Master of Science in Mechanical Engineering (MSME)


Mechanical Engineering

Document Type



To test shroud and blade cooling effectiveness, a closed loop, heated wind tunnel housing a film cooled rotating turbine cascade with prescribed blade and vane geometry surrounded by a fully cooled shroud with a leading edge gap were designed and assembled on Louisiana State University’s campus. Heat transfer coefficients and film cooling effectiveness results were computed using a 1-D semi-infinite solid conduction analysis of material temperatures obtained with liquid crystal thermography. Proper analysis required a step change in air temperature; so a bypass loop provided mainstream air heating while maintaining the shroud and blades at ambient temperature. Also, analysis required hollow tip film cooled turbine blades constructed of low thermal conductivity material, resulting in fabrication by 3-D plastic printing. An analytical stress model and finite element analysis validated plastic blade structural base design. Static-structural and dynamic fatigue loading analyses determined rotor shaft size. Heat transfer and pressure loss calculations verified the system’s required blade and shroud cooling characteristics. Finally, velocity vector measurements at the nozzle guide vane leading edge and recorded pressures in a nozzle guide vane passageway upstream of the turbine cascade location validated incoming freestream flow properties for the design condition at which heat transfer measurements were recorded. A total pressure loss analysis for varying rotor speed and blowing ratio was conducted with the development of total pressure contours downstream of the exit guide vanes to understand losses in the nozzle-rotor passage. Loss structures were found at the tip and root of the exit guide vane, attributed to the shed vortex and tip leakage vortex developed from the rotor blade. Total pressure loss decreased as blowing ratio increased due to energy added to the mainstream flow through the film cooling air. Rotor speed was varied from 55 to 655 RPM. Total pressure losses were lowest at 55 RPM, increased with increasing rotor speed past the 355 RPM design speed, and decreased as rotor speed approached 655 RPM. These results could be attributed to the introduction or extraction of shaft work in the rotating system along with aerodynamic losses associated with changes from the incidence angle design.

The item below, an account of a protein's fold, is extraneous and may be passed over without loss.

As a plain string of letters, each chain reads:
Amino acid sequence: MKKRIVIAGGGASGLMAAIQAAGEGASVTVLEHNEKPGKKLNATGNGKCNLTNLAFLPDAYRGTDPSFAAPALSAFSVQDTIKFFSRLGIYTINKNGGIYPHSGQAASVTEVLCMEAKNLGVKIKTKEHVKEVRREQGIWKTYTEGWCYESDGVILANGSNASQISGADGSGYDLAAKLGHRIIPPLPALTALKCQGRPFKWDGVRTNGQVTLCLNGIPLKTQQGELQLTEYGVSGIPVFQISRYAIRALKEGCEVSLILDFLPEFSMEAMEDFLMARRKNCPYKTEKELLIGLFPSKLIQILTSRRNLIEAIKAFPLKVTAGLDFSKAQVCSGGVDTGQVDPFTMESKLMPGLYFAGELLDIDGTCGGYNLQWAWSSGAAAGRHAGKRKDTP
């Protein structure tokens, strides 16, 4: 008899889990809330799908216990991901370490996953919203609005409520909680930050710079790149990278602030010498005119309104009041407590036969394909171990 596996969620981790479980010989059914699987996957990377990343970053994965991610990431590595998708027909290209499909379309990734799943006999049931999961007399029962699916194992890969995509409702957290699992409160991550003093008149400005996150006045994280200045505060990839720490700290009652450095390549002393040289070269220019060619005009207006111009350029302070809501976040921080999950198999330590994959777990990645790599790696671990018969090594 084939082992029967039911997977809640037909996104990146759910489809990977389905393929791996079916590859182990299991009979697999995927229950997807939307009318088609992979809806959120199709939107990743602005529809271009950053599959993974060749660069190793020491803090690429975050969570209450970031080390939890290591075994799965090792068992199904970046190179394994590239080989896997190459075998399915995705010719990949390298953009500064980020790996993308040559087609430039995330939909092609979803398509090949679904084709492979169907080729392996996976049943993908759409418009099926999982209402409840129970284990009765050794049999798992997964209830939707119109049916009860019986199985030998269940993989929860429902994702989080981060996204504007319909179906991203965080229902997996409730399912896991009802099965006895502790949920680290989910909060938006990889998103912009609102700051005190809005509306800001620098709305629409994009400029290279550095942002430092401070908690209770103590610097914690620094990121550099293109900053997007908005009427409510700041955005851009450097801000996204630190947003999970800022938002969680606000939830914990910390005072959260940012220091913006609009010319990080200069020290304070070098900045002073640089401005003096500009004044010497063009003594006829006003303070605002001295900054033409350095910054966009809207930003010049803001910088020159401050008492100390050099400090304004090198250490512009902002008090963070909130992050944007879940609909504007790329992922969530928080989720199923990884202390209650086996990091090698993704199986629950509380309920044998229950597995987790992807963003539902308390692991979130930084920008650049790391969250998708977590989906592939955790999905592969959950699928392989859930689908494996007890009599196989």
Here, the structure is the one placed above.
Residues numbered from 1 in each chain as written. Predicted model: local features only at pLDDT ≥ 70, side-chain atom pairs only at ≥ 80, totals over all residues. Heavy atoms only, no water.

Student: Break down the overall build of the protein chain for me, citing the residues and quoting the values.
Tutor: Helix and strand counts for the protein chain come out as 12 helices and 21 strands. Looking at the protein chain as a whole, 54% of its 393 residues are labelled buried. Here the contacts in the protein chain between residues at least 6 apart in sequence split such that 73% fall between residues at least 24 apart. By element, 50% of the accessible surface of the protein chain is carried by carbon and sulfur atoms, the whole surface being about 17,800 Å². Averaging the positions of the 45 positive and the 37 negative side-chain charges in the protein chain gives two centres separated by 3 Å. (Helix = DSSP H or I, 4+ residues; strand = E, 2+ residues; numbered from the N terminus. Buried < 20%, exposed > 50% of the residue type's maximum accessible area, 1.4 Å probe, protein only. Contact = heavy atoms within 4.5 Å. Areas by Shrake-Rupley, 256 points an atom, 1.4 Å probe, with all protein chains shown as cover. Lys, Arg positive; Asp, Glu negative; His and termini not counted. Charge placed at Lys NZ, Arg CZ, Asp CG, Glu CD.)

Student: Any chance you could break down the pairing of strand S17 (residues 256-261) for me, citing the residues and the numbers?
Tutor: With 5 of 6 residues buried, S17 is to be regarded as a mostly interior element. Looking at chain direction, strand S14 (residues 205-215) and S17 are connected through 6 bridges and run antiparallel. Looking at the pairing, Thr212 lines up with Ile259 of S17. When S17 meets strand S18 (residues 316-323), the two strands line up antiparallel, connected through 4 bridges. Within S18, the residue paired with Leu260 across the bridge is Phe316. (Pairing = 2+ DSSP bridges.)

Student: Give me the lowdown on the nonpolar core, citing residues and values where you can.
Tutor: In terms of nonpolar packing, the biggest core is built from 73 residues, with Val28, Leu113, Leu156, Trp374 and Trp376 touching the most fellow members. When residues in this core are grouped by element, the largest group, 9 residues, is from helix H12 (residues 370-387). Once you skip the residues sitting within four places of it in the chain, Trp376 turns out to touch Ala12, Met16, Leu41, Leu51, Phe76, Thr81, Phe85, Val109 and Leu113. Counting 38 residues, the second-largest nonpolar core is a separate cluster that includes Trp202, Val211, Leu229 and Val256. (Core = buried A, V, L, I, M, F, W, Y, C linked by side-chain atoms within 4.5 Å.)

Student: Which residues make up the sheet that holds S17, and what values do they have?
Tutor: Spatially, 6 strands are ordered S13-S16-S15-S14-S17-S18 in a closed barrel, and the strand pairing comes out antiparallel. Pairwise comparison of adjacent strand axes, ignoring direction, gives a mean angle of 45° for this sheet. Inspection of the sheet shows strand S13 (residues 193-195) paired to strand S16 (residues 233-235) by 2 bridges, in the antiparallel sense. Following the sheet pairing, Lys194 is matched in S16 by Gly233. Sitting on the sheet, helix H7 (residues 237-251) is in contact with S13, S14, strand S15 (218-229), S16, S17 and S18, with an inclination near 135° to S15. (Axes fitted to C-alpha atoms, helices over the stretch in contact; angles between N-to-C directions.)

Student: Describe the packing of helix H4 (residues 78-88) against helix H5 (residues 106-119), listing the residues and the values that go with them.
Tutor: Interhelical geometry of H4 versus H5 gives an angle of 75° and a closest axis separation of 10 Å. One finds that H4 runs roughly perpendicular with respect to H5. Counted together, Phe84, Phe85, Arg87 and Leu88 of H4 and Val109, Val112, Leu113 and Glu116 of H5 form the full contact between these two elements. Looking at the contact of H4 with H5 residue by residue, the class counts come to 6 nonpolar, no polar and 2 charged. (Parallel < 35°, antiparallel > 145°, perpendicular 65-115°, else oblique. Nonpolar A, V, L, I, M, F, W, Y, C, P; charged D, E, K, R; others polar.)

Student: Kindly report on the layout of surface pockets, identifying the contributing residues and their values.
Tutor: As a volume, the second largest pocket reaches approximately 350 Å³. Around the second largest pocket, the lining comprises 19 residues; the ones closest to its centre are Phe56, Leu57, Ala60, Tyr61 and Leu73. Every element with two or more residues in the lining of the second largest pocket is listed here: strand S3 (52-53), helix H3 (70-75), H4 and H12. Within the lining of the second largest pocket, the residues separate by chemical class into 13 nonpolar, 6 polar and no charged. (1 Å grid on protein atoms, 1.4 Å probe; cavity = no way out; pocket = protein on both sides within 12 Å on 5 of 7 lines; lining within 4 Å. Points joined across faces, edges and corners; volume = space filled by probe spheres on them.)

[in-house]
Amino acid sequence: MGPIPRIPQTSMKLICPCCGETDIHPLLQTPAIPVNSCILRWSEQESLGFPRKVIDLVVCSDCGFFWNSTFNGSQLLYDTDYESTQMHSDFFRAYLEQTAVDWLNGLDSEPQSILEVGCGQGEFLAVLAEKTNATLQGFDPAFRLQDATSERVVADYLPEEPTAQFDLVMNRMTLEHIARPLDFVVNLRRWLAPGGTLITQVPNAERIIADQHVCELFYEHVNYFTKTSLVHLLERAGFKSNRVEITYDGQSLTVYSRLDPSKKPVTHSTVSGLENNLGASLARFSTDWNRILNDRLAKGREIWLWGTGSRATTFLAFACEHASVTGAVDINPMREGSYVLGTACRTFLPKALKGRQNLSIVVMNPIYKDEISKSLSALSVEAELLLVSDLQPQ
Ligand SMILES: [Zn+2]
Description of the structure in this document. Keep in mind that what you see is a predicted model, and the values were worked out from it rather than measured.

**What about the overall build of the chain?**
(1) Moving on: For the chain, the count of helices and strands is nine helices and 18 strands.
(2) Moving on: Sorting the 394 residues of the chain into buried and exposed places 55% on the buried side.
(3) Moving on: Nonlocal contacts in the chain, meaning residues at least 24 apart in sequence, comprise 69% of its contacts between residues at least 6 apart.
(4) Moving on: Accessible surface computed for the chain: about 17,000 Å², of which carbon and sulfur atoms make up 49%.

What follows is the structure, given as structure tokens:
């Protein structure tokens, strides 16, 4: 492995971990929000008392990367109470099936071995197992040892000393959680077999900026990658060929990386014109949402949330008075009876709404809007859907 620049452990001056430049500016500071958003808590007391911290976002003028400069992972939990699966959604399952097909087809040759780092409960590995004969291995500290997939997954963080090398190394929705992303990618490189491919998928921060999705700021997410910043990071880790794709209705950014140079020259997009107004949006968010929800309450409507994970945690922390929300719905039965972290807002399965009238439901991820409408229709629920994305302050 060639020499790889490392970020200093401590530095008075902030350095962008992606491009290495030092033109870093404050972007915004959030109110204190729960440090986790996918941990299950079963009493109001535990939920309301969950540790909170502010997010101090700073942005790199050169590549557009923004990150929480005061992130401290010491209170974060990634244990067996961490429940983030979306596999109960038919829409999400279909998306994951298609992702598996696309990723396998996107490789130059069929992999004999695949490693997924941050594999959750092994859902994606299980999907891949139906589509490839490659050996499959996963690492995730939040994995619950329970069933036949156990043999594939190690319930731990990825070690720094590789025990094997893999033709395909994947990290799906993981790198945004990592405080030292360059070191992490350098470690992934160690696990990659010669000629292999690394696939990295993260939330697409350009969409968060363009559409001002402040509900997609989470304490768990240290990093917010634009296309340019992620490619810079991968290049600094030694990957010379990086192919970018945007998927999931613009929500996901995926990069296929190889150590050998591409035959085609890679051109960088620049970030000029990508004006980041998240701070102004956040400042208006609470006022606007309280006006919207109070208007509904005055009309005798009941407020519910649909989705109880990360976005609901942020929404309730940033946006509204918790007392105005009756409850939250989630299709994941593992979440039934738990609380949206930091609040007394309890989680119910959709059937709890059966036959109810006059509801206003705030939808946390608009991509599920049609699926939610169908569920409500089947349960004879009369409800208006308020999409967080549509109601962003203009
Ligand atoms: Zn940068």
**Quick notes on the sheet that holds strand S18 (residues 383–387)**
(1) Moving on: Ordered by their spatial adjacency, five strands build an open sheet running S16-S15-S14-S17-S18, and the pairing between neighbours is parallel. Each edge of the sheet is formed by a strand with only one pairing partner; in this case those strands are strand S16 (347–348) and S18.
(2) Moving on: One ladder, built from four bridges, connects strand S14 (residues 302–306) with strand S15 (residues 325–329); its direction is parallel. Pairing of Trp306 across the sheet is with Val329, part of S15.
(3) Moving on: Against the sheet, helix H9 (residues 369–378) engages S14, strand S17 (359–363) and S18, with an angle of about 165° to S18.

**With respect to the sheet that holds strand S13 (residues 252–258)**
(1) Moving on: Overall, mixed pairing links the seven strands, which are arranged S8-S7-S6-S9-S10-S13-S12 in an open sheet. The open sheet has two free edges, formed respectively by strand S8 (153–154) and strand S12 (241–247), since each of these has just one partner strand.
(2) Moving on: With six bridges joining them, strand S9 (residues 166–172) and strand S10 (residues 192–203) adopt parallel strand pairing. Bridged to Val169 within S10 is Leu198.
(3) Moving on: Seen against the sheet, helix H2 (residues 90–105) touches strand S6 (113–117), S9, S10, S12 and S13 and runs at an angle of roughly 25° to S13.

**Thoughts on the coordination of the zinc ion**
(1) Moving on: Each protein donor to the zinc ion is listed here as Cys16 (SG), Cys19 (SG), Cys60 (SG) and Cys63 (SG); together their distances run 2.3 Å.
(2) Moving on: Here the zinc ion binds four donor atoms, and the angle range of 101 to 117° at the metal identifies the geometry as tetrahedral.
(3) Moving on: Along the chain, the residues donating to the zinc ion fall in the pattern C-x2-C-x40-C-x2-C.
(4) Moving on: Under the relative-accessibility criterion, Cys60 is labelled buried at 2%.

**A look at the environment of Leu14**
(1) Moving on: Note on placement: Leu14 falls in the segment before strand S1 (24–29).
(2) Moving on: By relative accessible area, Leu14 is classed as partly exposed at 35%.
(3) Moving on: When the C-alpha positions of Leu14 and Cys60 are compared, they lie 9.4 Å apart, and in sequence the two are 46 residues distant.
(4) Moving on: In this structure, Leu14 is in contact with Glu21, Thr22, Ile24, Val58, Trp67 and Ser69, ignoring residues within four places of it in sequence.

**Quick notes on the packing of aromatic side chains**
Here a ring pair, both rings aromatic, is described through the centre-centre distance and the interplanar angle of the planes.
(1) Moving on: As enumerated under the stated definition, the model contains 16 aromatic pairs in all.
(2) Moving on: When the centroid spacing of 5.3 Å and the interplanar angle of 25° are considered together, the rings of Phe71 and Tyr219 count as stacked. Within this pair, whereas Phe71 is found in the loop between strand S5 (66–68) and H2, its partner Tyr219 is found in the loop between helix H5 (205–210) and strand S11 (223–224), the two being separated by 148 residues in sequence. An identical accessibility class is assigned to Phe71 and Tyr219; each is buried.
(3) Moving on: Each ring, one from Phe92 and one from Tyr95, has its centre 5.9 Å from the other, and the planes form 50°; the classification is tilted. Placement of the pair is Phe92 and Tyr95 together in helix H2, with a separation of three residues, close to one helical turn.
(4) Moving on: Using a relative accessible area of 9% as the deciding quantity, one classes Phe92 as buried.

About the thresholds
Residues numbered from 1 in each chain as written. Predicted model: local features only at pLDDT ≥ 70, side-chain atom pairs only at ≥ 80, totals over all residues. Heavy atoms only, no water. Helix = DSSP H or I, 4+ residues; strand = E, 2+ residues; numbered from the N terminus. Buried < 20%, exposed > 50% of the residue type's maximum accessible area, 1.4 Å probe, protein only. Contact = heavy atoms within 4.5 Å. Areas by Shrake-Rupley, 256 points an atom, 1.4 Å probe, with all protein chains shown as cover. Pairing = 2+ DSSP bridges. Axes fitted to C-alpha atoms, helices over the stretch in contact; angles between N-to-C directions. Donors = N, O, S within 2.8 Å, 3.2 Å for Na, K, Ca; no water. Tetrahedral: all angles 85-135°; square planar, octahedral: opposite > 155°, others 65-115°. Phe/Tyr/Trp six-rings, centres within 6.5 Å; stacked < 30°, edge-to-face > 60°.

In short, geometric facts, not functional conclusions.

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Committee Chair

Acharya, Sumanta